Politics

What Trump's Handshake with France's President was All About

President Donald Trump met his handgrip match on Thursday.

During a meeting in Brussels on Thursday, Trump shook hands with France's newly elected president Emmanuel Macron. The handshake was marked by "considerable intensity," The Washington Post's Phillip Rucker wrote, with "their knuckles turning white and their jaws clenching and faces tightening."

But while extended, forceful handshakes have become something of a hallmark of Trump's foreign relations, this one was different: Macron seemed to have the upper hand. He hesitated before letting Trump escape the death grip, which lasted about five seconds — and that was intentional, media critic and body language expert Joel Silberman told ATTN:.

"When you look at the close-up of the handshake, Mr. Trump wanted it to end far before the man from France did, and you see it in the waving fingers," Silberman said. "Those waving fingers were surrender. He met someone younger, more vibrant, and more energetic than he is — who is definitely looking at him with a look to say, 'You do not intimidate me.'"

By the end of the handshake, the grimace on Trump's face also proved telling, Silberman said. He pointed out the president's "narrowed slit of eyes," noting that his smile "was not congruent with what the eyes were saying." Rather, the facial cues indicated that "Trump knew he didn't win the exchange."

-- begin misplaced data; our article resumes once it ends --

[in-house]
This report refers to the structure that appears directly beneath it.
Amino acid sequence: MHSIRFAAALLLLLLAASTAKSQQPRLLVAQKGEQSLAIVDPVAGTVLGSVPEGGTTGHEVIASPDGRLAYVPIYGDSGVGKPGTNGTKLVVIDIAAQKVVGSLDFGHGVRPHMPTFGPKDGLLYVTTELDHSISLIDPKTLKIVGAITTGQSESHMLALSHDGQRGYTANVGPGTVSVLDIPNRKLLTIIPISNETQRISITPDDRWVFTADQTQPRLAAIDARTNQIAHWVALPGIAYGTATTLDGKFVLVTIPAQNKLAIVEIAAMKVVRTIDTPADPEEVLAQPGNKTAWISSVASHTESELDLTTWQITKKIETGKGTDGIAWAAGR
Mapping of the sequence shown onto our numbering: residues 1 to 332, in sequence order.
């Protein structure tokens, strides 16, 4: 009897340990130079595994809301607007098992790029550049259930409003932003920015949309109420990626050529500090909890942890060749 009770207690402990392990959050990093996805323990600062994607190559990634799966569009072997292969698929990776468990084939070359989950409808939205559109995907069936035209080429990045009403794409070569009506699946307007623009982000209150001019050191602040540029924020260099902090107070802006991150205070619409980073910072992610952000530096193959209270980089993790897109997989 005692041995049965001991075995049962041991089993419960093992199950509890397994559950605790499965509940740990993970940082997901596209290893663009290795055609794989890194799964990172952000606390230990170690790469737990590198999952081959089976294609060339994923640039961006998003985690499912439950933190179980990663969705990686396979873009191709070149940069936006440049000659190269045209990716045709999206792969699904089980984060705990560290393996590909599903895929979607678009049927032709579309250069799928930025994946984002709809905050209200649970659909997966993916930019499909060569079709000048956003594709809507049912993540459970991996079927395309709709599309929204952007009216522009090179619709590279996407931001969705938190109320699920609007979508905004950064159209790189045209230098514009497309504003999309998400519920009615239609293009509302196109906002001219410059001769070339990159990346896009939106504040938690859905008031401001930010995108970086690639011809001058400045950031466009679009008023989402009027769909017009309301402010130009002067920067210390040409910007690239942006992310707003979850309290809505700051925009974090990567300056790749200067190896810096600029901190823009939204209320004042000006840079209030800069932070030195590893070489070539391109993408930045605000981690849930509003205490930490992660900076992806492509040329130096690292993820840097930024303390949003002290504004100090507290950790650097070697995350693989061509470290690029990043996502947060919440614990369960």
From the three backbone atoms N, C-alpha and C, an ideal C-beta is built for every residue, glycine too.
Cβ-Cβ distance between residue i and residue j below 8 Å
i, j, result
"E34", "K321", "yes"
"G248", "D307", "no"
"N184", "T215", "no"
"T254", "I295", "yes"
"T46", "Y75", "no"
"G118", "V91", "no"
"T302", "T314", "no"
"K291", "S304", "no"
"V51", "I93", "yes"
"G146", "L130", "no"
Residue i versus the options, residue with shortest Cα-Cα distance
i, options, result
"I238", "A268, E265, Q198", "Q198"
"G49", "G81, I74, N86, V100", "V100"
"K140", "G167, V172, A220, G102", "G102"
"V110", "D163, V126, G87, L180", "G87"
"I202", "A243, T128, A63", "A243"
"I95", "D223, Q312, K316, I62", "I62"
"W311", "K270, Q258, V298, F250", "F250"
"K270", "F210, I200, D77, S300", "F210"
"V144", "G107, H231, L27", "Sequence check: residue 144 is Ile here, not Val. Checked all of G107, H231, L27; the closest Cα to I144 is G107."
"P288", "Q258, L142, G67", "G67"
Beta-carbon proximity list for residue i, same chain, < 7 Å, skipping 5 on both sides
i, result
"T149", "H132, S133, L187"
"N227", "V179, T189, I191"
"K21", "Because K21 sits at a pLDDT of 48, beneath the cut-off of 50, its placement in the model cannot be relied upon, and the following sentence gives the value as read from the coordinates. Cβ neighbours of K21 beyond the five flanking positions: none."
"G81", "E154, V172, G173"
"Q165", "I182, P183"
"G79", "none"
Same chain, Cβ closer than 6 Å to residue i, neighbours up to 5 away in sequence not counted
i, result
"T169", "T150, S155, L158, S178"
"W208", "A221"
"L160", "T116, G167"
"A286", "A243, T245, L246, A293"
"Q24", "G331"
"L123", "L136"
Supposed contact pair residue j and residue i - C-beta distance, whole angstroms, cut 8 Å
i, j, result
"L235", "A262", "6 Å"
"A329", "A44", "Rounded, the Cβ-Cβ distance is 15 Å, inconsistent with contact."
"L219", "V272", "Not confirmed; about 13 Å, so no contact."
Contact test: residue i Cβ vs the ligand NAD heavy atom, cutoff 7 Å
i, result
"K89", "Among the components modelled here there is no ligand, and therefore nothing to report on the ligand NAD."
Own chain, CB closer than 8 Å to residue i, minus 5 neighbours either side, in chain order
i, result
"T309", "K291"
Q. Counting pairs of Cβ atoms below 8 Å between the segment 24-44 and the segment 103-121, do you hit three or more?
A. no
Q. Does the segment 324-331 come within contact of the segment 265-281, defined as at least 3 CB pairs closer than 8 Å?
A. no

Beyond the veneer of diplomacy, there was a discomfort and tension, Silberman said. That's due in part to Trump's implied endorsement of Macron's conservative opponent Marine Le Pen in the run-up to France's 2017 election. But it also had something to do with the setting of the meeting, which took place just ahead of a NATO summit. Last year, then-candidate Trump called NATO "obsolete" and threatened to pull out of the alliance.

Though he's since reversed his position on NATO, Silberman said "Macron was absolutely wanting to present himself as very strong and saying, 'Think twice, sir, before you abandon your European allies."

"There was a bit of warning in Mr. Macron's approach to Trump," he said. "I definitely feel like an implied threat was placed."

The handshake wasn't Trump's only interaction that caught international attention on Thursday. The president also forced his way to the front of a group of foreign NATO leaders, pushing Montenegro's prime minister, Dusko Markovic, aside in the process.

The alpha move raised eyebrows, with some speculating that Trump was overcompensating due to his sense of insecurity at the summit.